The Importance of Due Diligence

Posted on 1st November 2016 by Christabelle Harris

When considering the acquisition of a business, a thorough due diligence should be undertaken to ensure you know exactly what you are buying and any potential risks associated with the acquisition. The due diligence process allows you to ascertain the true value of the business.

The Due Diligence process is undertaken after you have expressed interest in the purchase but before a binding contract is negotiated.  However some vendors may allow you to make a conditional offer on the business subject to the business passing the due diligence. The vendor may insist you sign a non-disclosure agreement due to the confidentiality of information you will have access to.

A thorough due diligence will investigate all aspects of the business, including, but not limited to:

  • Financial performance
  • Business operations
  • Tax compliance
  • Legal compliance – Contracts, Leases, Licences
  • Key stakeholders
  • Customer contracts
  • Cash flow assessment
  • Equipment valuation and inspection

When reviewing a potential business purchase, the past financial performance needs to be reviewed in detail. We usually expect to see the last 3-5 years of financial data to ensure the reported profits are stable if not rising, and margins are consistent. The information contained in the financial reports of a business should be compared to the information reported to the Australian Taxation Office (ATO). Business Activity Statements and Income Tax Returns lodged with the ATO should contain the same reportable figures as those declared in the business’ financial statements.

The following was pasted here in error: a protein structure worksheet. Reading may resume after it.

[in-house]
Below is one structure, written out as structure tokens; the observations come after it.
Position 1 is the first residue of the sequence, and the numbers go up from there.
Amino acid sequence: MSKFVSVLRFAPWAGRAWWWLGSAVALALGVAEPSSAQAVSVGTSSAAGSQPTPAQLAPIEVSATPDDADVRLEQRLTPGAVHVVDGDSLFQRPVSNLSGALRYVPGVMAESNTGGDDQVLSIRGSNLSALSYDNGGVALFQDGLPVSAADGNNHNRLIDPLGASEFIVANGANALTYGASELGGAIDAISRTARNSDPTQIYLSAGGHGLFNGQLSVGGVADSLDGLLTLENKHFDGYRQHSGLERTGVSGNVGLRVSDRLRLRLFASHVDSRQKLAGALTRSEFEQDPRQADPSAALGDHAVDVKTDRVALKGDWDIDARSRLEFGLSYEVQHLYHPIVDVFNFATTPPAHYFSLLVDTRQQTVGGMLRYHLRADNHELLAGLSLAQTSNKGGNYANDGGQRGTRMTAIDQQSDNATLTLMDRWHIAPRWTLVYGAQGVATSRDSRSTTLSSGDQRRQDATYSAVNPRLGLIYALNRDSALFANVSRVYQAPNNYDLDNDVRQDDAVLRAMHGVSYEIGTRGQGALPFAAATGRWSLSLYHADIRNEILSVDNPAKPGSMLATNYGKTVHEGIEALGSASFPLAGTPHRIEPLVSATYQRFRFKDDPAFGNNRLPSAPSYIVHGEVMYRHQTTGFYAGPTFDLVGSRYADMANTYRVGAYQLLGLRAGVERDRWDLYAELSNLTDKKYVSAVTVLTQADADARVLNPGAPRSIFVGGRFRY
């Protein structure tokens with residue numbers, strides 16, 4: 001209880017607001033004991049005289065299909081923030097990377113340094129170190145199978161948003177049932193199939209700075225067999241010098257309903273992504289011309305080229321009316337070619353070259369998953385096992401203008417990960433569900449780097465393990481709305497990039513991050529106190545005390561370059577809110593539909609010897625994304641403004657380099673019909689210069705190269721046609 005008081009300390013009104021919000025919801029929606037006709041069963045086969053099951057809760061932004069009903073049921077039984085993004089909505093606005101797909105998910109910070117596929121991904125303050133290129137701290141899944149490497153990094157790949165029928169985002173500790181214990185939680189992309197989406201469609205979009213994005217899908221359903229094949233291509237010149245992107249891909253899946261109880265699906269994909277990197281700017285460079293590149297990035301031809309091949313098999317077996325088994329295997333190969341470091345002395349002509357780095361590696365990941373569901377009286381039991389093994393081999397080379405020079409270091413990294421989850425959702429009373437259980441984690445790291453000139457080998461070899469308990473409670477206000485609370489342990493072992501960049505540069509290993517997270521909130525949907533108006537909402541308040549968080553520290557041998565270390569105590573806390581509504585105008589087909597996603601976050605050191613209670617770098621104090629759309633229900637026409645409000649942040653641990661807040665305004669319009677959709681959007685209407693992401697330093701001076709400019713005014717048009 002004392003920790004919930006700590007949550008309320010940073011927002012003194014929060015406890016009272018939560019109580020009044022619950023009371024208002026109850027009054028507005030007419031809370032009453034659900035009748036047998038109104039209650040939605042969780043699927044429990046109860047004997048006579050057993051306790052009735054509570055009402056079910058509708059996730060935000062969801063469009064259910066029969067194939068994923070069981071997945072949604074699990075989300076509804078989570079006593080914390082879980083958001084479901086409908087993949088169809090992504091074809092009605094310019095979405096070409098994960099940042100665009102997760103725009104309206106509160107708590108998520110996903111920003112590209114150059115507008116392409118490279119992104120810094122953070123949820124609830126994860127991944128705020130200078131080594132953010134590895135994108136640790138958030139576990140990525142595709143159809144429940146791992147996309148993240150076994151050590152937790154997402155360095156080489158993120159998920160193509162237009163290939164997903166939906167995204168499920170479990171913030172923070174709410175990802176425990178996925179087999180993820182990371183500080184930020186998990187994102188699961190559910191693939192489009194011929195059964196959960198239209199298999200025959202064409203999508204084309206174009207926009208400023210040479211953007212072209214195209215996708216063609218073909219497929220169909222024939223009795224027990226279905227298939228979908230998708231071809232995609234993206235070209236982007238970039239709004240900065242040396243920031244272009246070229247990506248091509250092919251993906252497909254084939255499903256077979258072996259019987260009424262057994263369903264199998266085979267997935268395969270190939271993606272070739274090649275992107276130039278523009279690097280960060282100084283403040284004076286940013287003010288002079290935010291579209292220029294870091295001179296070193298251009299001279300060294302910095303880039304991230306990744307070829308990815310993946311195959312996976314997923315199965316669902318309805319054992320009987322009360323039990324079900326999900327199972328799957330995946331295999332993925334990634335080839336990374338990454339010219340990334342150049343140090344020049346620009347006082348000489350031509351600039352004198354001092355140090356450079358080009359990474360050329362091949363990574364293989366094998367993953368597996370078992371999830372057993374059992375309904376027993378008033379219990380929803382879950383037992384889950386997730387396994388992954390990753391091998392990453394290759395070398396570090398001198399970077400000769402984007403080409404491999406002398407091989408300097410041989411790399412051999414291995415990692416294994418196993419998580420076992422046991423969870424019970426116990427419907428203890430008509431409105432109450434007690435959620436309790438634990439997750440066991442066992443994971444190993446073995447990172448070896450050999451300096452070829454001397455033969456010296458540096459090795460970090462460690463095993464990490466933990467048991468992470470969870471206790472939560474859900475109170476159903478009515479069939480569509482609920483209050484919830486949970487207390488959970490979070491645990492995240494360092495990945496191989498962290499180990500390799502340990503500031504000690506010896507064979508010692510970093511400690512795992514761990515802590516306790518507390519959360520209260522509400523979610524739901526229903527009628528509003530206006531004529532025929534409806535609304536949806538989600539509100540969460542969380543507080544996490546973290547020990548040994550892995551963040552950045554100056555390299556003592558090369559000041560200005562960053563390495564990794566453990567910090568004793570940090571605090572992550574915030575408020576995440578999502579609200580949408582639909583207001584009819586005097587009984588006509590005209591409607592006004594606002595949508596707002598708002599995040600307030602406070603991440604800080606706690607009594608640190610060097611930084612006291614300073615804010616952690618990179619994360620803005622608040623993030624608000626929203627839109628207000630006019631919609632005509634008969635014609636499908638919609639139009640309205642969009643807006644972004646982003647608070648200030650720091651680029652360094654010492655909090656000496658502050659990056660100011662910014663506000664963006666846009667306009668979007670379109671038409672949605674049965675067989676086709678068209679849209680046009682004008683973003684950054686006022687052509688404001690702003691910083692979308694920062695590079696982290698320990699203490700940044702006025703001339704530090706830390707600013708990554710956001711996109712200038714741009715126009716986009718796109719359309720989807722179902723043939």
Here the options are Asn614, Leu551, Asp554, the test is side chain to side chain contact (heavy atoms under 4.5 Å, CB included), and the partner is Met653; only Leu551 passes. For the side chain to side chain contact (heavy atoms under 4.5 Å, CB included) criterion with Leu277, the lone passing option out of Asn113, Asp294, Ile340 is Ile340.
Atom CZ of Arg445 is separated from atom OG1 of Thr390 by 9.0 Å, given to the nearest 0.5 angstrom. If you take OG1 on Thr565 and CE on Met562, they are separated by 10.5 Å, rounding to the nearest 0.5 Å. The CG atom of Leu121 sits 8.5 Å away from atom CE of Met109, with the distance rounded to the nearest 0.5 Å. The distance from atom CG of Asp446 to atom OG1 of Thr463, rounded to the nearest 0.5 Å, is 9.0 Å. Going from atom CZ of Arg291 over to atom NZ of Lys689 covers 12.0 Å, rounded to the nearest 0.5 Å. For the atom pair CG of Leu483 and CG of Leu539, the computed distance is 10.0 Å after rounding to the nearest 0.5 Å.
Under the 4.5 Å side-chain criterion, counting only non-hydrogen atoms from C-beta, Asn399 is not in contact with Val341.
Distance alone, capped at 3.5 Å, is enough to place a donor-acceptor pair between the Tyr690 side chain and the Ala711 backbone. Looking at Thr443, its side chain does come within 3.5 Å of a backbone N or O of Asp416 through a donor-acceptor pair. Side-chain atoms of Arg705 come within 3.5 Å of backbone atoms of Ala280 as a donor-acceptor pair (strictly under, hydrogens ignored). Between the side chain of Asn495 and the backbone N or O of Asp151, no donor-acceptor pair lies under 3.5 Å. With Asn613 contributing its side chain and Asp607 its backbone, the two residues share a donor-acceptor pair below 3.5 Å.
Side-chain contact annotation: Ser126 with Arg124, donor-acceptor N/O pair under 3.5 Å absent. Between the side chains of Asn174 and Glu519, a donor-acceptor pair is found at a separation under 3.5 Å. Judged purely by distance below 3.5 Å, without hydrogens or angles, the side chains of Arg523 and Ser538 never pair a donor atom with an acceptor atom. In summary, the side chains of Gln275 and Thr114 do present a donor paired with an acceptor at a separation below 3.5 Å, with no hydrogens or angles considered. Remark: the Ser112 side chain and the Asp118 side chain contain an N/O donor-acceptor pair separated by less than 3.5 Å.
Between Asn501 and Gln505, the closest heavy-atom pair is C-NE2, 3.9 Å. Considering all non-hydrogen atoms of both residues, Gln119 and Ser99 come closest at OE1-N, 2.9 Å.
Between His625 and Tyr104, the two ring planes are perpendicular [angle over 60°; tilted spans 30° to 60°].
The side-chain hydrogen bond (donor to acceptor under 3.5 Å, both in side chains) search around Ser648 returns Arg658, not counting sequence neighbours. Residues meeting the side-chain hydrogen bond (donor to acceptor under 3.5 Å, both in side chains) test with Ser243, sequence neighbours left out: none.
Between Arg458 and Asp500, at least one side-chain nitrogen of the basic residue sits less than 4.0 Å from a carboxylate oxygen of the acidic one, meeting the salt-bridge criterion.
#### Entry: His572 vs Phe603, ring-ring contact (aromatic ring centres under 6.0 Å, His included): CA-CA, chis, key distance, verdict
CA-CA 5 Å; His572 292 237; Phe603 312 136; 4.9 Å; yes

Although a thorough review of the businesses financials is a critical aspect of the due diligence process, there are other factors within the business that need to be considered in conjunction. As part of the due diligence, the industry the business operates in, the main competitors and their market share need to be analysed. You also need to consider who the target customers are and the mix of current customers; for example if one customer makes up 50% of the customer base this may leave the business exposed to significant risk.

Our office specialises in the due diligence process ensuring you can comfortably ascertain the viability of a purchase and rest easy knowing you are getting what you are paying for!

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